As expected, it's shaping up as a long, cold spring for Rogers and its NHL product.
With the first week's audience numbers in, The Canada-free Stanley Cup playoffs are posting even lower numbers than the cable giant feared. Not one game, including the Hockey Night In Canada marquee matchup Saturday night, managed to top the million mark.
The last time that happened was, according to memory, never.
Overall, ratings are down 60 per cent compared to last year.
And unless the NHL gets a lot of Game 7 thrillers, things could get worse.
While this should come as a surprise to absolutely no one considering there's no Canadian content for the first time in almost 50 years, the comparisons are shocking.
Last year, when four Canadian teams made it to the playoffs, the opening weekend produced huge audiences. The Montreal-Ottawa series had two games over 3 million while the Vancouver-Calgary showdown averaged more than 2 million.
It's not really fair to compare all-Canadian series to all-American ones, since the former will always draw huge audiences. But the real worrisome thing for Rogers is that last year's all-American games put this year's to shame.
A Pittsburgh-Rangers game on the opening weekend last year averaged 1.6 million viewers. Nothing this year came even close.
The most-watched game, between Philadelphia and Washington on Saturday, averaged 967,000.
The reason is that a lot of Canadians checked out of hockey once their teams made it clear they were heading down the drain. How do you get excited about Nashville and Anaheim when you haven't been following the NHL since January.
Although Rogers said this week that once again it will somehow make money on the NHL, it sure isn't impressing advertisers with big ratings.
One of the beneficiaries of this decreased interest in hockey is the NBA, specifically the Toronto Raptors. The first two games of the Toronto-Indianapolis series averaged 613,000 viewers on TSN and Sportsnet -- about triple the season average and 20 per cent ahead of what the team drew last season on its first two playoff games.
With hockey interest waning, a good Raptors run could finally provide the team with the breakthrough it's been looking for.
Here are the most-watched sports events on English-language television from the past weekend, according to Numeris overnight ratings:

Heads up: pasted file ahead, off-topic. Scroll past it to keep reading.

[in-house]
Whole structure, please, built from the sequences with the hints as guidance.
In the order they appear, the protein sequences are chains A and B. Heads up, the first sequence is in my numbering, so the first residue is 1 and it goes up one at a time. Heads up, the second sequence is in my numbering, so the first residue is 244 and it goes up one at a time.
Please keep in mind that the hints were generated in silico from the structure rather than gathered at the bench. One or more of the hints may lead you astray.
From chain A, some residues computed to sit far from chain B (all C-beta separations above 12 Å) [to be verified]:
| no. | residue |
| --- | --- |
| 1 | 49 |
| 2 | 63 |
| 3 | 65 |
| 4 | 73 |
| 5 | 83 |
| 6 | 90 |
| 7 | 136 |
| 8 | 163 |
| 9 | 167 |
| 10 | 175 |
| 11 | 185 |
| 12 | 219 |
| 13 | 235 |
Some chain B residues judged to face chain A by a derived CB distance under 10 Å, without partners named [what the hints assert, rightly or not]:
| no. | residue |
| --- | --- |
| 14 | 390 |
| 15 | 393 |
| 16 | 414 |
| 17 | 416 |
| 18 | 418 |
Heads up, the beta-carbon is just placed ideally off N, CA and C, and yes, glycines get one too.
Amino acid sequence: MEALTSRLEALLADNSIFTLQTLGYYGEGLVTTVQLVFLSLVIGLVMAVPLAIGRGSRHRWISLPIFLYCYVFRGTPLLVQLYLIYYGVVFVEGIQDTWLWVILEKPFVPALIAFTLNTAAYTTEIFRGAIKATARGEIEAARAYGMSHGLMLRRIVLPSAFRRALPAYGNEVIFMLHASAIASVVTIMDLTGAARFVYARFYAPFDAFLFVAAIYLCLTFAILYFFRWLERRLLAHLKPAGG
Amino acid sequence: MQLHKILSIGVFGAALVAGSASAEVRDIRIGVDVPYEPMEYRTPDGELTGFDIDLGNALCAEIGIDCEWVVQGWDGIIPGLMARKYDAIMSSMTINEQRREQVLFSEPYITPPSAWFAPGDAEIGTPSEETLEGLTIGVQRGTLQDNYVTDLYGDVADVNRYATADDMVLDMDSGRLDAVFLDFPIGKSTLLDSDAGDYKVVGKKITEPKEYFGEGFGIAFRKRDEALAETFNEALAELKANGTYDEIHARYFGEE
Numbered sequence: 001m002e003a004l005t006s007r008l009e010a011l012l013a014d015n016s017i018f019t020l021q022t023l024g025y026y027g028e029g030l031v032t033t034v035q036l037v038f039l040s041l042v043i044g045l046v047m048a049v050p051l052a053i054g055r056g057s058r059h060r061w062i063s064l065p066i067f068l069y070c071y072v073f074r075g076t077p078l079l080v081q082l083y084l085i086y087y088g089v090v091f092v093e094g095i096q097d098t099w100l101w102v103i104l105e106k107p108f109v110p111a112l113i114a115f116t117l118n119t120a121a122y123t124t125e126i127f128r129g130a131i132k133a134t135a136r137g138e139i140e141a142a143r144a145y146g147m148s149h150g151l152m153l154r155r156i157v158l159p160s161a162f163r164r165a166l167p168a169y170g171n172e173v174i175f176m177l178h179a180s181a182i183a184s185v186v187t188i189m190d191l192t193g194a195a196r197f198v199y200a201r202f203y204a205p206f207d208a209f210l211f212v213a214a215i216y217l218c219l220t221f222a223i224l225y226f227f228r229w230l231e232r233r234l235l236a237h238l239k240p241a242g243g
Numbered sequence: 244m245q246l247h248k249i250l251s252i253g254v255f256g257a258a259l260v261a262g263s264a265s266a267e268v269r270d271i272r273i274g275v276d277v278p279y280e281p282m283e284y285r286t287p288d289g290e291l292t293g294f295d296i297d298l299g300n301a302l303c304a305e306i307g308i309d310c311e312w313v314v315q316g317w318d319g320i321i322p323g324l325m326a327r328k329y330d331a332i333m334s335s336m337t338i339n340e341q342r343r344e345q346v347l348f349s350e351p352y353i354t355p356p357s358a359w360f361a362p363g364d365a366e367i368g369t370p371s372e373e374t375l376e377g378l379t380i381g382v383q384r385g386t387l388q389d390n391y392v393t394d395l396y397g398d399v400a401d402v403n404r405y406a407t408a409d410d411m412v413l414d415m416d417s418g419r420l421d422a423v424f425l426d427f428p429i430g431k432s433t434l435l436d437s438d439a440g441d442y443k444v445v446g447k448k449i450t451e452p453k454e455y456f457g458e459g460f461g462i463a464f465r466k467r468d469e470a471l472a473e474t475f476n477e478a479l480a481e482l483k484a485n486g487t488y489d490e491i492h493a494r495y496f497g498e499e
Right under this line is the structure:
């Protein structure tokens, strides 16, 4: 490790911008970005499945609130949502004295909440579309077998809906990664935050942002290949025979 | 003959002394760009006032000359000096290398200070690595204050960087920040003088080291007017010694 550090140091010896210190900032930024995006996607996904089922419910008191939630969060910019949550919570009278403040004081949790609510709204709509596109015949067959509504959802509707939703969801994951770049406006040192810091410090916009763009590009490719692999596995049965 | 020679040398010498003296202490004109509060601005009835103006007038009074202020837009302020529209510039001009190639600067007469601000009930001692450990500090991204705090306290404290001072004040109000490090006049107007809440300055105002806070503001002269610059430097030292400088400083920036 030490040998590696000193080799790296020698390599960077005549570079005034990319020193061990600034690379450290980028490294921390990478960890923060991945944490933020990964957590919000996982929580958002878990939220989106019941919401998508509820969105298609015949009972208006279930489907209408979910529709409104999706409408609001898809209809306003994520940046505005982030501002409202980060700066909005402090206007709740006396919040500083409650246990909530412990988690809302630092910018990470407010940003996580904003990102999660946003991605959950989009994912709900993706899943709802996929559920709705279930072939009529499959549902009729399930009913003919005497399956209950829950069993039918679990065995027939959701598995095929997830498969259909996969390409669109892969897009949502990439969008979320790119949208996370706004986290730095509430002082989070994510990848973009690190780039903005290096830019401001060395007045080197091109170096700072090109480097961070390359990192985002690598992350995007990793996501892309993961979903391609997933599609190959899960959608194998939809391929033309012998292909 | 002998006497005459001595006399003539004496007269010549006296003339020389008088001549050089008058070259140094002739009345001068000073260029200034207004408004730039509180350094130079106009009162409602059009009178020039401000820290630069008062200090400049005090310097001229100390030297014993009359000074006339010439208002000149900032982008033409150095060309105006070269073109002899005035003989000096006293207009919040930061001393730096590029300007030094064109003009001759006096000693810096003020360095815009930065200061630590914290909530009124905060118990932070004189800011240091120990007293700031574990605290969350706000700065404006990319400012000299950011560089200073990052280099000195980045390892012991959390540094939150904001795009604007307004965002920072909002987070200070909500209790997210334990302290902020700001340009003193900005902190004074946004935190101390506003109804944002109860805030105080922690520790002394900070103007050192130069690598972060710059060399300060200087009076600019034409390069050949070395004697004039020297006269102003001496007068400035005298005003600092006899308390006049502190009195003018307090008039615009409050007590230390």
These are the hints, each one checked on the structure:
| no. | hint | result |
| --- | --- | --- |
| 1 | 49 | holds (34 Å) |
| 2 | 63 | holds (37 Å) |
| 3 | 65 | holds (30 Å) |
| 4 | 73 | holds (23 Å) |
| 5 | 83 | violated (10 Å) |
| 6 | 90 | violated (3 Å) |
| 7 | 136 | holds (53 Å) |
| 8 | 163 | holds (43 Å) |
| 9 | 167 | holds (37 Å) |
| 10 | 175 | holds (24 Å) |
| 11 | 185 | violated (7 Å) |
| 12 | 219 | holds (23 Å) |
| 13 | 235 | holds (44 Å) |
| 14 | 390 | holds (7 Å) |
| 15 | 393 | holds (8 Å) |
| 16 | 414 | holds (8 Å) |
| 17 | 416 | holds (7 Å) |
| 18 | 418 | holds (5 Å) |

1. NHL, Flyers at Capitals, Saturday, CBC: 967,000
2. MLB, Blue Jays at Red Sox, Saturday, Sportsnet: 846,000
3. NHL, Sharks at Kings, Saturday, CBC: 822,000
4. MLB, Blue Jays at Red Sox, Friday, Sportsnet One: 772,000
5. NHL, Lightning at Red Wings, Sunday, CBC: 712,000
6. MLB, Blue Jays at Red Sox, Sunday, Sportsnet One: 692,000
7. NBA, Pacers at Raptors, Saturday, Sportsnet: 602,000
8. NHL, Predators at Ducks, Friday, CBC: 600,000
9. NHL, Blackhawks at Blues, Friday, Sportsnet: 594,000
10. NHL, Red Wings at Lightning, Friday, CBC: 574,000
11. NHL, Rangers at Penguins, Saturday, CBC: 567,000
12. NHL, Panthers at Islanders, Sunday, Sportsnet: 492,000
13. NHL, Predators at Ducks, Sunday, Sportsnet: 461,000
14. NHL, Blues at Blackhawks, Sunday, Sportsnet: 382,000
15. NHL, Wild at Stars, Saturday, Sportsnet: 341,000
16. Curling, Players' Championship men's final, Sunday, Sportsnet One: 318,000
17. Curling, Players' Championship evening round robin Friday, Sportsnet One: 231,000
18. Curling, Players' Championship women's quarters, Saturday, Sportsnet One: 211,000
19. Curling, Players' Championship women's final, Sunday, Sportsnet 360: 176,000
20. Curling, Players' Championship semifinals, Sunday, Sportsnet One:171,000
21. Auto racing, F1 Chinese Grand Prix, Sunday, TSN: 160,000
22. Diving, FINA World Series, Saturday, CBC: 144,000
23. Auto racing, NASCAR Sprint Cup Food City 500, Sunday, TSN: 139,000 (Fox audience not measured)
24. Soccer, Crystal Palace at Arsenal, Sunday, Sportsnet: 121,000
15. Soccer, Manchester City at Chelsea, Saturday, TSN: 111,000
26. Skating, World synchro championships, Saturday, CBC: 110,000
27. NBA, Charlotte at Miami, Sunday, TSN: 104,000
THREE TO WATCH
Western promises: One of the best series so far in the Stanley Cup finals has been the California showdown between perennial playoff underperformers, the San Jose Sharks, and playoff giants, the Los Angeles Kings. Game 3 goes Wednesday (10:30 p.m. ET, CBC.)
Basket cases: The Toronto Raptors are doing their best not to look like the team that fell flat on its face last spring. They're tied 1-1 with the Indiana Pacers and have a chance to take the lead for a change on Thursday on the road (7:30 p.m. ET, TSN.)
In the swing of things: Teen golf sensation Lydia Ko has a chance to record a rare triple by winning her third consecutive Swinging Skirts LPGA Classic (I know, I know ...) But she'll have to fend off Canadian teen sensation Brooke Henderson, who made her mark on the pro tour by leading the tournament for three rounds last year. Unfortunately, it was the first three rounds. Action (I know, I know ...) starts Thursday (6 p.m. ET, Golf Channel.)